' When it is desired to replace the engine on the chassis or to install a new engine,

such engine is mounted on the bed rail frame with the latter adjusted high enough to pe r- 30 gaging andlifti'ng the inotor, and carrying "i253 ii ais t fbeifiiedtnaathe chase, after which, the engine is lowered by means of the Windlass structure in 'positionjonthe if chassis. Tofacil'itate the placing of the engine the adjusting mechanism on top of-the arm tof thecraneis utilized, such mechanism permitting to and. fro movement of the engine when disconnected from the bed-- rail frame and supported 'solely by the rope or cable'21. As soonas the engine is properly 'placed on the chassis the truck as a whole may be moved out of the way and the engine may then be secured in place in the usual manner.

The whole structure has the advantage of great flexibility of manipulation, permitting the removal of theengine from the chassis and replacing the engine thereon and extreme mobility with respect to turning the engine about its longitudinal axis to varying extents as may be required in repair work.

What is claimed is 1. A motor. handling machine comprising a portable support, a crane erected thereon, and a bed rail frame on the crane for receiving and carrying a motor initially" engaged by the crane.

2. A motor handling machine comprising a support, a cranestructurethereon for enmeans on. the support to which the motor maybe attached after being lifted by the crane.

3. A motor handling machine comprising a crane structure, with means for lifting or lowering the engine, and another structure associated With the crane structure to which the engine may be secured.

r 4. A motor handling machinecomprising a crane structure, with means for lifting or lowering the engine, and another structure associated with the crane structure .to which the engine may be secured, said second ing it.

named strpcture having means for rotat- 5. A motor handling machine comprising a portable support, a crane erected thereon and having means for'lifting andlowering the engine, and carrying means for the engine having means for turning the engine about an axis longitudinal thereof.

. 6. A motor handling machine comprising a portable support, a crane erected on the support near one end of and overhanging the support, and having meansjor engaging and lifting and lowering the engine, and an engine-receiving structure carried by the crane and provided with means for turning the structure about an axis longitud nal thereof.

7. A motor handling machine com rising a truck, a crane structure erected t ereon and overhanging the truck for lifting and lowering the engine, and a support for the engine "mounted on the "crane intermediate of the height thereof. in overhanging relation to the truck and provided with means for impartingrotative movements totheenginje support.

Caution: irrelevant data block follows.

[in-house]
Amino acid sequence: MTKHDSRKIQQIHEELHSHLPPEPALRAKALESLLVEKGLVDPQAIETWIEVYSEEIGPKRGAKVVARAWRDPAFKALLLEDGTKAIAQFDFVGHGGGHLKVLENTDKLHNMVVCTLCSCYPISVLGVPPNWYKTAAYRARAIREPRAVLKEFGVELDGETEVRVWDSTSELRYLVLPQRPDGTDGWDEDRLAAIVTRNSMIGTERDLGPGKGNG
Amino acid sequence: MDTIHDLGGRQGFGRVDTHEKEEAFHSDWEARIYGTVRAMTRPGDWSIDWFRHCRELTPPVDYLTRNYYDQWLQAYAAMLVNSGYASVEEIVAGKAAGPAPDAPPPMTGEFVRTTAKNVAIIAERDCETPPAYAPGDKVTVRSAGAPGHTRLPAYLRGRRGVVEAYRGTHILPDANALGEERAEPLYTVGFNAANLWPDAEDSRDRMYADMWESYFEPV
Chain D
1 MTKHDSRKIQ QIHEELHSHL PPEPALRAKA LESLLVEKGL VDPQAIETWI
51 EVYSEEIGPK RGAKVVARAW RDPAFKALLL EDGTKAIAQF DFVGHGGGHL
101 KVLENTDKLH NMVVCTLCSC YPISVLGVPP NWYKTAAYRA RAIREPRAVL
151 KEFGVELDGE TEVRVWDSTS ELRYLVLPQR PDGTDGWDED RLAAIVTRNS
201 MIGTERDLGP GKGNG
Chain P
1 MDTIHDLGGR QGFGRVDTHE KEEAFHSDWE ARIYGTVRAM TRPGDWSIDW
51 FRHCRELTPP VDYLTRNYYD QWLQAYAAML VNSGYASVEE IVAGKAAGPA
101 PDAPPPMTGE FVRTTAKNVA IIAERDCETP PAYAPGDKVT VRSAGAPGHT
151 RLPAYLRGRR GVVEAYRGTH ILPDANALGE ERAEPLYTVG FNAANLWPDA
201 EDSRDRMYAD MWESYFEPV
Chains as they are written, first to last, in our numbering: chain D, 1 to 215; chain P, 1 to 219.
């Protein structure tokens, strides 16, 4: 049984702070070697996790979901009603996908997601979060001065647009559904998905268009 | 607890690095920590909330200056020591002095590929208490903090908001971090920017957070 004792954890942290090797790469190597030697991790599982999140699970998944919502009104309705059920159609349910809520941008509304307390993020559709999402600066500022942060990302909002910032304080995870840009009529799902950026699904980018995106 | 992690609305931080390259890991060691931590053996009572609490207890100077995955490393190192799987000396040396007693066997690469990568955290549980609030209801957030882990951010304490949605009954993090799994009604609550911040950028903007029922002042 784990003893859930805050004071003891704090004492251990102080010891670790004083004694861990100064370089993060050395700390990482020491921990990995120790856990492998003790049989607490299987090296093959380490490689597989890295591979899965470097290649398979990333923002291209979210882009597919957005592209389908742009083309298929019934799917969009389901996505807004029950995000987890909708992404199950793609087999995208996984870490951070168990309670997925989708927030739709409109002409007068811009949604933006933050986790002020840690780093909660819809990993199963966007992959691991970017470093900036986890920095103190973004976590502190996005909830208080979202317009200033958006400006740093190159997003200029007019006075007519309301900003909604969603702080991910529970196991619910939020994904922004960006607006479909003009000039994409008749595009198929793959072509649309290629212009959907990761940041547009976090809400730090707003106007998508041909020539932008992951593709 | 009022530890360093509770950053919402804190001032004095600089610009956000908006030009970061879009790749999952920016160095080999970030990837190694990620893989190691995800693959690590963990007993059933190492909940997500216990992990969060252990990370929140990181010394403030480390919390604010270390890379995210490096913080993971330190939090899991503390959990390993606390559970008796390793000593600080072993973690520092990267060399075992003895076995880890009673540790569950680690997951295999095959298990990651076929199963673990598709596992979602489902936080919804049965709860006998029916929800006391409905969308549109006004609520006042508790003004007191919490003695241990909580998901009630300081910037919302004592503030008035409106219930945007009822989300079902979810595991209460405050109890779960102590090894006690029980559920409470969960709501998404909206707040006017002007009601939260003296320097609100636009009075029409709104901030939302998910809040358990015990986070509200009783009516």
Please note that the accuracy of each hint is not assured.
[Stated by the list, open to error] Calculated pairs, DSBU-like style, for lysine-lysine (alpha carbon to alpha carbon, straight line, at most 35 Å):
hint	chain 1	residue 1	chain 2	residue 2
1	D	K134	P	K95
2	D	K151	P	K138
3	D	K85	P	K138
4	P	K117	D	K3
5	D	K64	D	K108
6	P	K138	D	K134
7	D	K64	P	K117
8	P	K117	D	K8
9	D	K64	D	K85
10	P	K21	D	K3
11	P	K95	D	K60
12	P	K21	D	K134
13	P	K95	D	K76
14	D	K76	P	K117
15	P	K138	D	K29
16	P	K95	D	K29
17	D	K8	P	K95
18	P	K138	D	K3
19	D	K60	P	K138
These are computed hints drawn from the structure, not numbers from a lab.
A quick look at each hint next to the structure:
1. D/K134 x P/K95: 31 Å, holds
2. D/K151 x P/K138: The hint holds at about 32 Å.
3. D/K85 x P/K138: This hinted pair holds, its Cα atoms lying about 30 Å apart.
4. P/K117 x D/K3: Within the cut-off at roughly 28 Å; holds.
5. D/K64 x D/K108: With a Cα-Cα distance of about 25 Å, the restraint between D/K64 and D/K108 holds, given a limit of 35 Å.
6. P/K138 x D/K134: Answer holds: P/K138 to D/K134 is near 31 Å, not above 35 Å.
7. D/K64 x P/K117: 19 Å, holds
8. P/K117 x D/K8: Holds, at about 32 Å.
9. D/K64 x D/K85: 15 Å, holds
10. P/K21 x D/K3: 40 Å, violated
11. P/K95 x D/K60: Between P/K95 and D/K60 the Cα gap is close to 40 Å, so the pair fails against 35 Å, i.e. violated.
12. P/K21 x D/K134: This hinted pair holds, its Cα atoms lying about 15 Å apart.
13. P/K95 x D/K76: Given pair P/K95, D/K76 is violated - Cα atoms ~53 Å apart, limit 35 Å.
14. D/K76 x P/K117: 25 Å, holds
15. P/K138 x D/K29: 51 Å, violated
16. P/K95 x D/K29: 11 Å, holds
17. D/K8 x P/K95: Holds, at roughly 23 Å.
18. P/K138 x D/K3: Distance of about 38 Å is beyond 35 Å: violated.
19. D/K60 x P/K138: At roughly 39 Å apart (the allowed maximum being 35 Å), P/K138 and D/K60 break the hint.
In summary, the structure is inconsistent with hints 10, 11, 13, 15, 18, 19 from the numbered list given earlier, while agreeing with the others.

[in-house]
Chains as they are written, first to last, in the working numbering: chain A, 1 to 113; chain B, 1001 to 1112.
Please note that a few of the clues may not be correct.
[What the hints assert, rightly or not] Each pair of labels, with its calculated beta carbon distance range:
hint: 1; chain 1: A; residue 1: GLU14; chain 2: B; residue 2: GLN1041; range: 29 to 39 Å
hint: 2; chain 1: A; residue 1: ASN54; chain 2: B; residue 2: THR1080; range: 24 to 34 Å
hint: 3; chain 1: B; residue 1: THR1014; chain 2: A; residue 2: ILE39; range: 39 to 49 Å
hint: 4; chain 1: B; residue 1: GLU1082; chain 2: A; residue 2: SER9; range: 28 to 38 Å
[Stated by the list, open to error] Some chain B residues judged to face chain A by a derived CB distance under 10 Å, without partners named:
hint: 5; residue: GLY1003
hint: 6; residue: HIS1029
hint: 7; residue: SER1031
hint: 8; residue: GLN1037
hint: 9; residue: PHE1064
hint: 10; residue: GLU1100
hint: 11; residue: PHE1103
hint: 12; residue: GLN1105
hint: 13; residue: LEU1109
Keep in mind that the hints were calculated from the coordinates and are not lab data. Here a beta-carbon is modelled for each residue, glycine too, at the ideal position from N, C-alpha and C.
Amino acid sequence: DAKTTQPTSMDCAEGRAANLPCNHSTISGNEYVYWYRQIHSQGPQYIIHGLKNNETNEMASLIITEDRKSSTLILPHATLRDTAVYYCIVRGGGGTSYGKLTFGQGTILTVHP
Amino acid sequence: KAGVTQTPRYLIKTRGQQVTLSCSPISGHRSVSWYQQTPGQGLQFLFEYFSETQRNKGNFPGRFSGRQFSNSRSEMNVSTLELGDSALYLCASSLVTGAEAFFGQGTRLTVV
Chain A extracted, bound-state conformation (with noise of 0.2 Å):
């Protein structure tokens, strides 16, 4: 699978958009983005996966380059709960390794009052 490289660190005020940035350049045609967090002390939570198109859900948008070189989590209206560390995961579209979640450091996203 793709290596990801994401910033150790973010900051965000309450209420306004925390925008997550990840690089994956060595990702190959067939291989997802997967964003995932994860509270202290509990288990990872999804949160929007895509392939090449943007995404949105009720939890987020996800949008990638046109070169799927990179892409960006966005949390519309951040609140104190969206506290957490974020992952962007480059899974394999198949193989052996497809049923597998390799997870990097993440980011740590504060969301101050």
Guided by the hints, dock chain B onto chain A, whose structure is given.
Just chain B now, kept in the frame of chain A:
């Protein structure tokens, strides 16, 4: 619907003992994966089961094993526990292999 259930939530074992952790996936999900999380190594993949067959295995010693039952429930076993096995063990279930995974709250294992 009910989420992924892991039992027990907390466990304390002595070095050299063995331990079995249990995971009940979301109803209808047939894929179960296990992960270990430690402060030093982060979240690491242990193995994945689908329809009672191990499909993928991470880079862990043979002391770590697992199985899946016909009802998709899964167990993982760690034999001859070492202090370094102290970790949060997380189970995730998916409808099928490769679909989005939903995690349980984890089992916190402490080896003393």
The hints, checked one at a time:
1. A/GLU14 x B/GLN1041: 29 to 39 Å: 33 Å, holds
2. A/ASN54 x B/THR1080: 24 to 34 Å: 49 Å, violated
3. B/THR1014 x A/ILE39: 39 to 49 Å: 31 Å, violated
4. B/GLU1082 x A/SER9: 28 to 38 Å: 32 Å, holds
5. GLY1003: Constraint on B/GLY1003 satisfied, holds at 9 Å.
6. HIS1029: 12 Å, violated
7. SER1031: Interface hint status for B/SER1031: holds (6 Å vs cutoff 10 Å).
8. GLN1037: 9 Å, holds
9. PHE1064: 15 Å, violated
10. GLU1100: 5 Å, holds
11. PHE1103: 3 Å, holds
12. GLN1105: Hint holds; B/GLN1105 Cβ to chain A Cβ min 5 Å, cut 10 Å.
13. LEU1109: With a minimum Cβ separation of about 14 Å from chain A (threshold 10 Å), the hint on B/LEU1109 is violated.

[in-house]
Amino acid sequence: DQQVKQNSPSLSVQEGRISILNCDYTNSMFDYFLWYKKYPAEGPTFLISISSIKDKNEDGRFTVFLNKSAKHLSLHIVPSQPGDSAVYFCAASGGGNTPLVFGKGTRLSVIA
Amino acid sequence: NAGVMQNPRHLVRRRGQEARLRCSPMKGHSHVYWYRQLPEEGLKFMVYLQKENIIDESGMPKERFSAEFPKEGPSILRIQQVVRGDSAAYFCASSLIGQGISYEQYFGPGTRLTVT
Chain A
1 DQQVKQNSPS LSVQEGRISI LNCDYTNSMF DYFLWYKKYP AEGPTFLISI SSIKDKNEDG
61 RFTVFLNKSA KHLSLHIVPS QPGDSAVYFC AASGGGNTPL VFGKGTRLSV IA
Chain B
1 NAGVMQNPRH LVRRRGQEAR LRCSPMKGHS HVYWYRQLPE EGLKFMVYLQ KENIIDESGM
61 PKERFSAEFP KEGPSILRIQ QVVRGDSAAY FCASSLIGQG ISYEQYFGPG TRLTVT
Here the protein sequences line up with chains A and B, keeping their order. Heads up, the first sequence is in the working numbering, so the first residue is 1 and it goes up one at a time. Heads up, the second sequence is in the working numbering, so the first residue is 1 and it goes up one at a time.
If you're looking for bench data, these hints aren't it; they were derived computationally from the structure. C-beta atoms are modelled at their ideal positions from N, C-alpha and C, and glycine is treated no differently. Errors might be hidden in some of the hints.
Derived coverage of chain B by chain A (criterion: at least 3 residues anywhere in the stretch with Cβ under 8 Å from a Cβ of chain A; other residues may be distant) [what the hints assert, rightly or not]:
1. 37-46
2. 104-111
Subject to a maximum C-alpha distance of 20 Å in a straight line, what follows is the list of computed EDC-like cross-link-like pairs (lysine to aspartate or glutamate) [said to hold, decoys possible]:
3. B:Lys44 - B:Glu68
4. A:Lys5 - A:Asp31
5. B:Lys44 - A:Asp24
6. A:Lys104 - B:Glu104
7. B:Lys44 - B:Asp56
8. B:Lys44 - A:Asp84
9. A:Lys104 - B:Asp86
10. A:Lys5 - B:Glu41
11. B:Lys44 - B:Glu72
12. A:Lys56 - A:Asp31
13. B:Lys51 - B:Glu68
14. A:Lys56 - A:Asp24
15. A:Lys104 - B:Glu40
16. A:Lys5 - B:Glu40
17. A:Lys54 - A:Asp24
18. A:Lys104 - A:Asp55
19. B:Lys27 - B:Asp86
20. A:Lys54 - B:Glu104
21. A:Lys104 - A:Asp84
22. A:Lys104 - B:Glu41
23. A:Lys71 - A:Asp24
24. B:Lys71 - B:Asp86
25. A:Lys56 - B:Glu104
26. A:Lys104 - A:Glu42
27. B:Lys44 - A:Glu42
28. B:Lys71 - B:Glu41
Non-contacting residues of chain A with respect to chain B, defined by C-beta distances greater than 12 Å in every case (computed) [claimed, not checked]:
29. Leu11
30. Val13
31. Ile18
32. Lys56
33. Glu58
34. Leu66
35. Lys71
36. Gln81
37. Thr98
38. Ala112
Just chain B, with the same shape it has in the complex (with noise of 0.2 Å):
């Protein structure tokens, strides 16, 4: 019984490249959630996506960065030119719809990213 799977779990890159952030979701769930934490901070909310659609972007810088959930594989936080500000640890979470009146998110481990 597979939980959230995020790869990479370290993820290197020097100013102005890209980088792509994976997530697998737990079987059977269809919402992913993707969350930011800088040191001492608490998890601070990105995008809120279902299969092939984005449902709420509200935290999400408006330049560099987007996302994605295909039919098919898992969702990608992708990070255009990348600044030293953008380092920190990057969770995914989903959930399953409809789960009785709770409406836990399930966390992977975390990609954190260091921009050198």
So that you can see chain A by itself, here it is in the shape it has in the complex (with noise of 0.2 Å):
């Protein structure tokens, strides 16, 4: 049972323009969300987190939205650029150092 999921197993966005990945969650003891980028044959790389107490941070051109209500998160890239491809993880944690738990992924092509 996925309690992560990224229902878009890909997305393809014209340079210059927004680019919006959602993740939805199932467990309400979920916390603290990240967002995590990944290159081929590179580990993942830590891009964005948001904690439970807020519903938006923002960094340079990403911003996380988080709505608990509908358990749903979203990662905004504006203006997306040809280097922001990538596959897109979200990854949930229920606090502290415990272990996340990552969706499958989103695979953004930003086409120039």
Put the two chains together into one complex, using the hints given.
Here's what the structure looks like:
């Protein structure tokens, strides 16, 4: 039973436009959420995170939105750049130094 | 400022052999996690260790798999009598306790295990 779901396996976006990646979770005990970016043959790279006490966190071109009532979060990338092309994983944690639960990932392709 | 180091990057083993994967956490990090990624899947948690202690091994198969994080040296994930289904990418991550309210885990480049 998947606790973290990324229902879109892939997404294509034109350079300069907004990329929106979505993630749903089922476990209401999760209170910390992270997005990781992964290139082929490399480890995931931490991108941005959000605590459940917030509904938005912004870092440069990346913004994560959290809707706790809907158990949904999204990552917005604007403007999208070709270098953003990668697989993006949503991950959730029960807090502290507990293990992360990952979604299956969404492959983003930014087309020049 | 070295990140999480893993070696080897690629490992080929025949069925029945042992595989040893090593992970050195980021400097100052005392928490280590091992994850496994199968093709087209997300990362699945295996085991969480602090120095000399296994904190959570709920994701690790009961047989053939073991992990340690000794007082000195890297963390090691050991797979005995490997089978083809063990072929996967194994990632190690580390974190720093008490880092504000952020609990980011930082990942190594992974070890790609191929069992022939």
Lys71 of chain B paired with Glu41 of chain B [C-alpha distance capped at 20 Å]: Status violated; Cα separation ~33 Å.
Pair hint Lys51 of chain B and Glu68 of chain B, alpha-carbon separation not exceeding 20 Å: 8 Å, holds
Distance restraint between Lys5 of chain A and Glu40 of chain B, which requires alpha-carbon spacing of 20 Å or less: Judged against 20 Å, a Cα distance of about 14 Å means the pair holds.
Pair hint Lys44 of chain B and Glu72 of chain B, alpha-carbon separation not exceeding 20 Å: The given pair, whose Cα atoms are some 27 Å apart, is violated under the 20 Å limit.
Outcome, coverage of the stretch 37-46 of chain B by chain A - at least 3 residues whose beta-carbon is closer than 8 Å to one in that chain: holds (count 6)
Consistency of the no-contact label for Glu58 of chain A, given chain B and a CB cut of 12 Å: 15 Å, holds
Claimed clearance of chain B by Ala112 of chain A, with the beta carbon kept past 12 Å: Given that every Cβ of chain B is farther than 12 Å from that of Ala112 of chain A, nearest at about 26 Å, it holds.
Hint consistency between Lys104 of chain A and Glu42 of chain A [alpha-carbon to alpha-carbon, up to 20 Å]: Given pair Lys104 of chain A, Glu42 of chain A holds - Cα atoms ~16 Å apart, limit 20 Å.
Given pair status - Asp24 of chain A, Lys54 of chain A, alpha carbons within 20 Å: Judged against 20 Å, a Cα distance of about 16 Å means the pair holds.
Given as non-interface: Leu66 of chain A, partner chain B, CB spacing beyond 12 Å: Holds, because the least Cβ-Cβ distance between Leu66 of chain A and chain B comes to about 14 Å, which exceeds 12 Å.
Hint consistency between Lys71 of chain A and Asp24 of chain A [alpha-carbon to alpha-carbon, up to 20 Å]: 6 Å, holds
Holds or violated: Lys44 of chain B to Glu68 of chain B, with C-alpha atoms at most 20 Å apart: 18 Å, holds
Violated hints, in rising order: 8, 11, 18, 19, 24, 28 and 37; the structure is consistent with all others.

8. A handling machine for automobile motors, comprising a truck adapted to be moved under an automobile chassis, a crane erected on the truck near one end of and overhanging the truck and provided with means'for engaging and lifting and lowering the engine with respect to the chassis, and a support for the engine carried by the crane intermediately of the height thereof.

' 9. A handling machine for automobile motors, comprising a truck adapted to be moved under an automobile chassis, a crane erected on the truck near one end of and overhanging the truck and provided with means for engaging and lifting and lowering the engine with respect to the chassis,

' said support having means for imparting rotative movements theretoon a line perpen dicular to the height of the crane, and said support and crane having coacting parts for permitting variations in the height of and securing the support to the crane in adjusted positions.

11. A machine for handling automobile motors, comprising a truck of a height to be moved beneath the chassis of the automobile under the engine, a crane erected on the truck near one end of the latter and provided with an arm overhanging the truc means 'on the crane for lifting and lowering an engine engaged thereby, an engine support on the crane intermediate of the height thereof and projecting over the truck, and means for imparting rotative movements to the engine support.

12. A machine for handling automobile motors, comprisinga truck of a height to be moved beneath the chassis of the automobile under the engine, a crane' erected on the truck near one end of the latter provided with an arm overhanging the truck, means on the crane for lifting and lowering an engine engaged thereby, an en 'ne support on the crane intermediate 0 the height thereof and projecting over the truck, and means for imparting rotative movements to and a support for the engine carried by the the engine support, said crane having means for imparting movements to an engine carried thereby in the direction of the length of the arm.